Before you pack your bags and your gear, it’s beneficial to know when the best time is to go skiing in Japan. Many guides claim that skiing season in Japan begins in the middle of December and should last until early April, but the truth is, Japanese ski season varies and is dependent on the snow conditions at each ski resort. To make the best of your visit and to experience the best powder Japanese ski resorts have to offer, take a look at our handy guide below:
- From November Onwards
Popular resorts such as Niseko and Kiroro generally open their doors early to the public if the conditions are right and there has been a satisfactory amount of snowfall. Niseko is known as Japan’s number one skiing destination: it is composed of four interlinked ski resorts and enjoys 15m+ of snowfall annually. Kiroro, on the other hand, averages 17m+ snowfall every year and is close to Niseko. It may be a smaller resort by comparison, but many of the runs here are suited for beginners and first-time skiers. There should be enough snow on the slopes for beginners as well as intermediate skiers starting in November at these resorts. Best of all, you can enjoy your holiday without having to compete too much with the crowds that generally flock to this area during the Christmas season.
- The Holiday Season (Christmas and New Year)
While most resorts are open and there are a lot of holiday-themed activities to enjoy, going skiing in Japan during this time can feel a little hectic. The Christmas holiday season is the most popular time for Japanese people to hit the slopes, which means that you’ll have to fight crowds for space if you manage to book accommodations, and they’re almost always sold at a premium during peak season. It’s also possible that some off-piste areas have not yet been adequately covered, as December is still considered early in the season. It’s best to wait out the holidays if your heart is truly set on a Japanese ski getaway.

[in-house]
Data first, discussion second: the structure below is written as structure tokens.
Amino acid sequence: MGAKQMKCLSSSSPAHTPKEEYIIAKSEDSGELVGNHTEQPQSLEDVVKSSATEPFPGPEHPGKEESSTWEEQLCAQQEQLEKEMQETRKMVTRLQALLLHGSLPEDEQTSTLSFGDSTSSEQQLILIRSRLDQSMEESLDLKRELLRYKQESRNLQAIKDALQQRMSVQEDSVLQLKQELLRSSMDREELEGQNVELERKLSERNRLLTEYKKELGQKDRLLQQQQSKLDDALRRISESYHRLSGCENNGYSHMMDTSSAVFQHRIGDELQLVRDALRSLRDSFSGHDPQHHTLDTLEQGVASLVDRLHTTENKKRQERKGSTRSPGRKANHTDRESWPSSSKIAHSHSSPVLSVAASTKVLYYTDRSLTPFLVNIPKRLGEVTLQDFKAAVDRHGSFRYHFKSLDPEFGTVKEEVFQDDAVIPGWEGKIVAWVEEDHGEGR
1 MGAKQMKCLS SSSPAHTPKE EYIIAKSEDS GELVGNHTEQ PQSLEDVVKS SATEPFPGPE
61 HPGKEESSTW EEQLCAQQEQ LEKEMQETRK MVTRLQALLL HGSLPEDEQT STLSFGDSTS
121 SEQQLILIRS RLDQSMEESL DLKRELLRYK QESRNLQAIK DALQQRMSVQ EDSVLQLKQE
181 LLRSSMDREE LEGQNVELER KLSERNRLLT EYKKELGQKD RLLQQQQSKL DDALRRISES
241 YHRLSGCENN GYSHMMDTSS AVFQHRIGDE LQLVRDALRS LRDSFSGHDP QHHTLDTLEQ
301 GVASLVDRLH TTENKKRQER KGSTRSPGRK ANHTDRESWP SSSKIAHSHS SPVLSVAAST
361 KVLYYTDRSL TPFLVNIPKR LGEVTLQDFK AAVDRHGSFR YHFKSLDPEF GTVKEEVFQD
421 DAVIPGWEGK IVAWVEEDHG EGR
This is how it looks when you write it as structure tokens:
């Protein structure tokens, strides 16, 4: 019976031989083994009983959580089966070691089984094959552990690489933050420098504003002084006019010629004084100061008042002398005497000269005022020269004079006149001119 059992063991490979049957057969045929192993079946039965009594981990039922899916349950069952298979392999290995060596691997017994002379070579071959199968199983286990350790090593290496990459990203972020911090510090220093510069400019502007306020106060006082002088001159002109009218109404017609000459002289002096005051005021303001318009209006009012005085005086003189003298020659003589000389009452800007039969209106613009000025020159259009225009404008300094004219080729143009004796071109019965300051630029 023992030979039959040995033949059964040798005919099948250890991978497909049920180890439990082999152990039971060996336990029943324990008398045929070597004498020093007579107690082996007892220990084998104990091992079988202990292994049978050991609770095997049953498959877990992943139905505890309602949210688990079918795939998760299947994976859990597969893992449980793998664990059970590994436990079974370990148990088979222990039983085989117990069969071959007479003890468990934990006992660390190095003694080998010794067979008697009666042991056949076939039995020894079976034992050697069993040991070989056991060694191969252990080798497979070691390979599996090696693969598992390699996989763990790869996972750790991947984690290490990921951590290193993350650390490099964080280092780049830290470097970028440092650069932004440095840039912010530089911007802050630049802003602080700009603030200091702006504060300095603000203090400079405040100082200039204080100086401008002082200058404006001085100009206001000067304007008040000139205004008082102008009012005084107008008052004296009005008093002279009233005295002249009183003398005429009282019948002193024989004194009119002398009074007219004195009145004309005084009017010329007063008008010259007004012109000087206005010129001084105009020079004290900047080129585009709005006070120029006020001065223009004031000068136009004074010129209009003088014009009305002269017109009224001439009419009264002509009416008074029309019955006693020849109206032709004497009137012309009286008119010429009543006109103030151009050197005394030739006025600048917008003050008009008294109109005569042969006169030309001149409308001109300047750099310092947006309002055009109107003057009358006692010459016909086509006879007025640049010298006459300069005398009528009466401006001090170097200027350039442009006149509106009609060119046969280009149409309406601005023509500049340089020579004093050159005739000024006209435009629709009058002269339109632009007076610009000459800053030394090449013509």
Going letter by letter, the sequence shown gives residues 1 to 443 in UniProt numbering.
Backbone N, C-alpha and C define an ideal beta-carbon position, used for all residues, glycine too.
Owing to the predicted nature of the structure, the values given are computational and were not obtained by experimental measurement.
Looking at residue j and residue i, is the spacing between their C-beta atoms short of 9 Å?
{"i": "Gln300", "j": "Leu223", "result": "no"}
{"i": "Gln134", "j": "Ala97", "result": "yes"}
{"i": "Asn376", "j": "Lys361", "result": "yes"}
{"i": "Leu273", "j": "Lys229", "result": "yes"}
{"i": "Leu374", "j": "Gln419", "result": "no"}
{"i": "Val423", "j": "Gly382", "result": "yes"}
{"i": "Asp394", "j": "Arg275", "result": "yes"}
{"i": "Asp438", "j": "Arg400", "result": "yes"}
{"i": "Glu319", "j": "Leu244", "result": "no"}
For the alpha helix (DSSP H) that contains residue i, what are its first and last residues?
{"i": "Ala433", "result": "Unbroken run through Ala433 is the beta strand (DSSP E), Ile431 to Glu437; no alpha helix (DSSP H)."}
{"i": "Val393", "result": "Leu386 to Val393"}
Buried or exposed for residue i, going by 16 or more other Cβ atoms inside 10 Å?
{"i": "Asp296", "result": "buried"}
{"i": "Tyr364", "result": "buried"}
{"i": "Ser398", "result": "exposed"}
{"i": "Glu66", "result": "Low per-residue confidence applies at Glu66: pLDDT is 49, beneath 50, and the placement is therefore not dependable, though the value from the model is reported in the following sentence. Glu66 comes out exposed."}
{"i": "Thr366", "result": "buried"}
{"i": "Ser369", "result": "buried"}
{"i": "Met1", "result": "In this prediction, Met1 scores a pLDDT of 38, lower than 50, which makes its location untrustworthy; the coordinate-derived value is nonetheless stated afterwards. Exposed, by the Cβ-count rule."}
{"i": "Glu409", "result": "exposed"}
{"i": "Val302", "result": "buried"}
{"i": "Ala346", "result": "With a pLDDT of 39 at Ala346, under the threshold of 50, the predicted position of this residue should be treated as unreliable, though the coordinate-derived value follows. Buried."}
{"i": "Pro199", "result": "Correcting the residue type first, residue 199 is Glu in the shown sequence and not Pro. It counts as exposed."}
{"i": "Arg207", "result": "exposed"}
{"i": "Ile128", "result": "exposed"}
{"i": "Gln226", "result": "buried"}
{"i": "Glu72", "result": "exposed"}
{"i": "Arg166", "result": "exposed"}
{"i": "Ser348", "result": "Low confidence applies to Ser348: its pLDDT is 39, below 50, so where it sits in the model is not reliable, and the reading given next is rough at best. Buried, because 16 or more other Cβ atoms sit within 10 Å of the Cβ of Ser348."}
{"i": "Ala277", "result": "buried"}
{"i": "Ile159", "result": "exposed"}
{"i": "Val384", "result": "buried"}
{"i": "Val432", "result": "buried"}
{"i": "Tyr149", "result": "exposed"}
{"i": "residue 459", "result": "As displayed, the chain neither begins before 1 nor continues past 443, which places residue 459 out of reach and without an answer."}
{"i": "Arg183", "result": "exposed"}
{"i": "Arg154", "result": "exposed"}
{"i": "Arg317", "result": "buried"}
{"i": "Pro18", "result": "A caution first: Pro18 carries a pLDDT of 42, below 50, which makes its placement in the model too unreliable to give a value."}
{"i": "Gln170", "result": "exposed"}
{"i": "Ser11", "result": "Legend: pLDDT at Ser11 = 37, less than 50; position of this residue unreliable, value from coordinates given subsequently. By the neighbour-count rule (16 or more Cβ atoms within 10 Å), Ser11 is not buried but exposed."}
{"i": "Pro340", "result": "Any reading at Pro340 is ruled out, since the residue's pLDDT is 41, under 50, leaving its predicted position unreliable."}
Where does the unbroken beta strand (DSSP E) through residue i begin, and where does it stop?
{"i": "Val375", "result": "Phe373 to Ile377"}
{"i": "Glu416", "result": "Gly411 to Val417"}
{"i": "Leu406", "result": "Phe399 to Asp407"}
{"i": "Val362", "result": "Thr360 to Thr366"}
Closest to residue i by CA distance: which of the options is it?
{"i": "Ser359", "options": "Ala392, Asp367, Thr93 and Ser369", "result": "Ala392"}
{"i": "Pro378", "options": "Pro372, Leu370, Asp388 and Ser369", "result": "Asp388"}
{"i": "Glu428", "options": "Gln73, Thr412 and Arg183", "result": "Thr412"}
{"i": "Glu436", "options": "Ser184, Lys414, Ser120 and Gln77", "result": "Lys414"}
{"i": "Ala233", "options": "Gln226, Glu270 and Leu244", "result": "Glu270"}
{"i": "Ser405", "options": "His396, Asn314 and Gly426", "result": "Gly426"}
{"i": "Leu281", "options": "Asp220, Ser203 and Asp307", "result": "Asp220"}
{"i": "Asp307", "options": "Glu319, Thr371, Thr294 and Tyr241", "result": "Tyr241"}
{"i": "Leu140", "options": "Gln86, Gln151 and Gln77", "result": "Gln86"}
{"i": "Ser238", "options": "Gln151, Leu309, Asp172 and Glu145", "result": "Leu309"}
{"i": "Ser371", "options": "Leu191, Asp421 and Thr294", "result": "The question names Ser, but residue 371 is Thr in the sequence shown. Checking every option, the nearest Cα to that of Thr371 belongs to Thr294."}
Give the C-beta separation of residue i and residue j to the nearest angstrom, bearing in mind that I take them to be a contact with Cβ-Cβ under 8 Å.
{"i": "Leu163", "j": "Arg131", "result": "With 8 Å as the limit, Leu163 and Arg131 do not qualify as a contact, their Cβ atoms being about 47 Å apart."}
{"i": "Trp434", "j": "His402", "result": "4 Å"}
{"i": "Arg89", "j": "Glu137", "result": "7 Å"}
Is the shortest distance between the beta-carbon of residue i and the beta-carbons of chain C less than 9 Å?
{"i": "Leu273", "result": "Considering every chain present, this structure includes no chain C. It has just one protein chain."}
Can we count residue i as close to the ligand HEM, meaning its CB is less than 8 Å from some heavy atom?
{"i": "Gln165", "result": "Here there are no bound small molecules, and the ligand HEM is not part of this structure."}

- Post New-Years’ and Onwards
January is arguably the best time to visit, if your goal is to experience cloud-like powder, smooth runs, and cold temperatures. The snow is just thick enough that flying over them is a literal breeze. However, keep in mind that many of the big, high-profile, foreigner-friendly resorts will be incredibly busy during this time. Early January is bound to be a crowded time for popular resorts such as Niseko, Hakuba, Nozawa Onsen and Rusutsu. The fire festival at Nozawa Onsen is held every year on the 15th of January and can draw a sizable amount of people, as well. During this time, accommodations at the resort sell out fast and expensive. Still, you may be able to enjoy skiing in Japan in January if you book at places that aren’t as popular with the tourists, though keep in mind that not all places have English speakers readily available and you may need to exert more effort into being understood or having your needs met.
- From Late January To Mid-February
You’ll want to consult a lunar calendar if you plan on hitting the Japanese slopes during this period. The Chinese Lunar New Year usually falls within this time, which means that you’ll be competing with an influx of tourists from China and Singapore if you book around their holiday. Prices will be high and accommodations hard to find. On the other hand, Japan is great to visit in February, provided that it’s past the Chinese New Year holiday. It’s generally not very busy and snow conditions are ideal.